Josh Gordon Is Great For The Patriots But Maybe Not For Fantasy


Today is my birthday and the Patriots got me arguably the best present I’ve ever received in Josh Gordon. The first game I ever watched was the 49ers vs Broncos in Super Bowl XXIV in 1990 when I was 9 years old. The only thing I can remember was thinking Jerry Rice was the coolest thing I had ever seen. He was fluid, gliding across the field with what looked like relative ease and had 7 catches for 148 yards and 3 touchdowns.

From that moment on I was a Jerry Rice fan and more importantly a football fan. I have been watching and studying the game ever since. Growing up watching him and then being fortunate enough to watch Tom Brady and the Patriots for the last 18 years and the efficiency with which he works the entire field has been a big part of every fall and winter for me.

He’s done it with the likes of guys like David Givens and Reche Caldwell. Every year Patriots Nation clamors for a “legit” wide receiver 1 and every year are generally disappointed with retreads but presented with Championship and Lombardi trophies year after year. So after 2007 with Randy Moss I never thought I’d witness something like that again. But with Josh Gordon that possibility is there again and it is exciting as all hell to think about what might happen….as a fan.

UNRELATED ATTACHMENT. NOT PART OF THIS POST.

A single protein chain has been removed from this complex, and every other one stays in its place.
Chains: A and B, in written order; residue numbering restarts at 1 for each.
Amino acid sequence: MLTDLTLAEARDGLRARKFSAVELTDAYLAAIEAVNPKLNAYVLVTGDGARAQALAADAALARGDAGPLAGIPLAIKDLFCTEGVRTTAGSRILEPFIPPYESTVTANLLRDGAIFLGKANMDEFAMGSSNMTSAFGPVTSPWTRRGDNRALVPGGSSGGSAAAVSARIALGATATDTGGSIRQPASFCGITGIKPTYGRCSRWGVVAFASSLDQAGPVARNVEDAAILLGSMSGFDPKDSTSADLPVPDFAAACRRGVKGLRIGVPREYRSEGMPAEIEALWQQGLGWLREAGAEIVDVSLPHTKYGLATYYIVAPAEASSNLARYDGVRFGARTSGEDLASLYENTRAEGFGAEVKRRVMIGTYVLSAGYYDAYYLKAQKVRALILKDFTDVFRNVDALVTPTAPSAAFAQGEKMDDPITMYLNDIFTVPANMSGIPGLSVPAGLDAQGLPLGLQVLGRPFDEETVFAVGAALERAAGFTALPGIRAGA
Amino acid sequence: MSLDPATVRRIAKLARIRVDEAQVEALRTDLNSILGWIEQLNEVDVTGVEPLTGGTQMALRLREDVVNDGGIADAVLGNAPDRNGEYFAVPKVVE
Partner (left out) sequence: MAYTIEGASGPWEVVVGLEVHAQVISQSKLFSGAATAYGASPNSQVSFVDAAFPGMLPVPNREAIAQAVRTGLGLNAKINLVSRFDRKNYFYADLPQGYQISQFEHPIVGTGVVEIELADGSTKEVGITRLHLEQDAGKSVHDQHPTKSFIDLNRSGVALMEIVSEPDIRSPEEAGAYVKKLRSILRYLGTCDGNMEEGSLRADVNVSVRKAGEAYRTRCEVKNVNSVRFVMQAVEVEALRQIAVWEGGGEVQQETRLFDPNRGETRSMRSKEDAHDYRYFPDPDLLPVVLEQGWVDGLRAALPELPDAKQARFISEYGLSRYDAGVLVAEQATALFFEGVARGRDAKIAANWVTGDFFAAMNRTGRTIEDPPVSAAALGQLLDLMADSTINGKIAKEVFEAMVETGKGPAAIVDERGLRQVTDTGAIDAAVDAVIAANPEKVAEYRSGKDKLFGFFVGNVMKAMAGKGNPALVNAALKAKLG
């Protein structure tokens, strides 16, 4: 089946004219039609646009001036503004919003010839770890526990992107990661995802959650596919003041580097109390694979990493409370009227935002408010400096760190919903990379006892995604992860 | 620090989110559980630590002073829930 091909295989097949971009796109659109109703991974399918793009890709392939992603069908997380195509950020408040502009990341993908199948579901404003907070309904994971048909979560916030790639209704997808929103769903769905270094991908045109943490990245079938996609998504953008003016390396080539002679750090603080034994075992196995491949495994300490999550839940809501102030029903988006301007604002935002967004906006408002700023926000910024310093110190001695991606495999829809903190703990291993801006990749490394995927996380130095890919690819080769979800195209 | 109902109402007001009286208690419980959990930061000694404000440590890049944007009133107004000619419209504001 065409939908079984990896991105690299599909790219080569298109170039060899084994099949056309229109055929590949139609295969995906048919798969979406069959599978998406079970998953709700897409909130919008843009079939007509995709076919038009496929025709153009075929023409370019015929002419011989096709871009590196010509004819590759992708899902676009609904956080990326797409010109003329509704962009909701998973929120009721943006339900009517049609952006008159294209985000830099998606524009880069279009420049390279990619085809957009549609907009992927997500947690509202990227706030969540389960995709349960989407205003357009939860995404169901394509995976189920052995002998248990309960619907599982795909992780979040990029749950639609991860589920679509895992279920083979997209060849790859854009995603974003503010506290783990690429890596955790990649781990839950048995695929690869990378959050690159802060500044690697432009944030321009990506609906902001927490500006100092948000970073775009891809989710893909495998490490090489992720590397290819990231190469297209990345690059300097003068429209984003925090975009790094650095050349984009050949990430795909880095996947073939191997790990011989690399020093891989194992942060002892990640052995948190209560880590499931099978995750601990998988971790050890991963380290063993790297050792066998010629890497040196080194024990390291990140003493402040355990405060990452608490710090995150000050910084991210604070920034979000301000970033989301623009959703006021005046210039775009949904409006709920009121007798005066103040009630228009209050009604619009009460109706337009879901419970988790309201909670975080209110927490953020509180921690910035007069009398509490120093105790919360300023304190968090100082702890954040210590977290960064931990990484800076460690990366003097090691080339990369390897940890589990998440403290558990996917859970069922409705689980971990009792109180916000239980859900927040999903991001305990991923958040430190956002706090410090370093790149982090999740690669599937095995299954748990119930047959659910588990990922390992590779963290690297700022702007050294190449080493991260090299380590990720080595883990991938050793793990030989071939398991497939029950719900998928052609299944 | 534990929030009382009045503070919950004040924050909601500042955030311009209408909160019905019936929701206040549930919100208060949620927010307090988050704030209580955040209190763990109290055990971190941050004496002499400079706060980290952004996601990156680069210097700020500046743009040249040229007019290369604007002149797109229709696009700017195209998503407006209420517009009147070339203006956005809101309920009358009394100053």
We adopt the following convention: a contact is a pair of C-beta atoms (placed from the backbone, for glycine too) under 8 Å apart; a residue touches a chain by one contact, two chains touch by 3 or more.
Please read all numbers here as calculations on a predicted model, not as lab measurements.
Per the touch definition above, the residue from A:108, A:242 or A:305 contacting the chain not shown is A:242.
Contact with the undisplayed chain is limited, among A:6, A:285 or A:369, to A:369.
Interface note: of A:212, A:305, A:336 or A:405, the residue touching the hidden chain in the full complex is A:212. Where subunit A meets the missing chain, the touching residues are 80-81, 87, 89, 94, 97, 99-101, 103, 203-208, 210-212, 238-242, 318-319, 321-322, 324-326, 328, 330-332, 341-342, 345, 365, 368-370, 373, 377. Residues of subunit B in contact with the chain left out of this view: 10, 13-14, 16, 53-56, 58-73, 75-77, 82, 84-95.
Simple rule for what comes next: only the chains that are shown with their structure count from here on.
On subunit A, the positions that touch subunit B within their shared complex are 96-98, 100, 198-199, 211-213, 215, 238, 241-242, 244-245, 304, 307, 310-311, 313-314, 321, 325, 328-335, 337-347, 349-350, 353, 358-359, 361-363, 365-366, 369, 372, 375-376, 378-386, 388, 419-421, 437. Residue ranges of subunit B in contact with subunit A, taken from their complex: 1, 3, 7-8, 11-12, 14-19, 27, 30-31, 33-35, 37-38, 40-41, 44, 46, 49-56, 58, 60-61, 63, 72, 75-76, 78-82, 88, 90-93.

But as a fantasy football analyst both here with Fantasy Hard Knocks and with some of the best high stakes players in the world at Arbour Pro, I’m a little less optimistic and here is why.

The Offense

The Patriots offense is notoriously difficult to learn as some of the best wide receivers have figured out the hard way. Guys like Ocho Cinco and most recently Eric Decker have failed to grasp the offensive system in New England, one reason the Patriots have focused on high aptitude receivers over the years.

Ian Rapoport retweeted an observation made by Scott Zolak, voice of Patriots radio and 98.5 The Sports Hub, that Todd Haley was brought up in the Charlie Weis system, meaning that the base terminology of the offense should be similar:

This bodes well for Gordon and was, as Ian stated, a likely factor in the trade. The Patriots are desperate for a deep threat after trading Brandin Cooks. That deep threat helps open the middle of the field, Brady’s bread and butter, allowing him to be more efficient and move the ball quickly.

But the offense is still far more complex than that run by the Browns and Gordon’s route tree has been pretty simplistic since his return late last year. Here is one example from week 17 of 2017 that shows what his routes have looked like since his return:


Brandin Cooks ran similar routes while here last year and had an up and down season. Overall his stats looked good but from a fantasy perspective he had 6 out of 16 games with under 10 points and that was in PPR leagues. In standard leagues that number jumps to 10 games and 12 games under 13 points. I fear a similar scenario with Gordon where he not only needs to grasp the system but also gain Brady’s trust. And lets not forget Brady has his binky coming back in two weeks in Julian Edelman and still has Rob Gronkowski.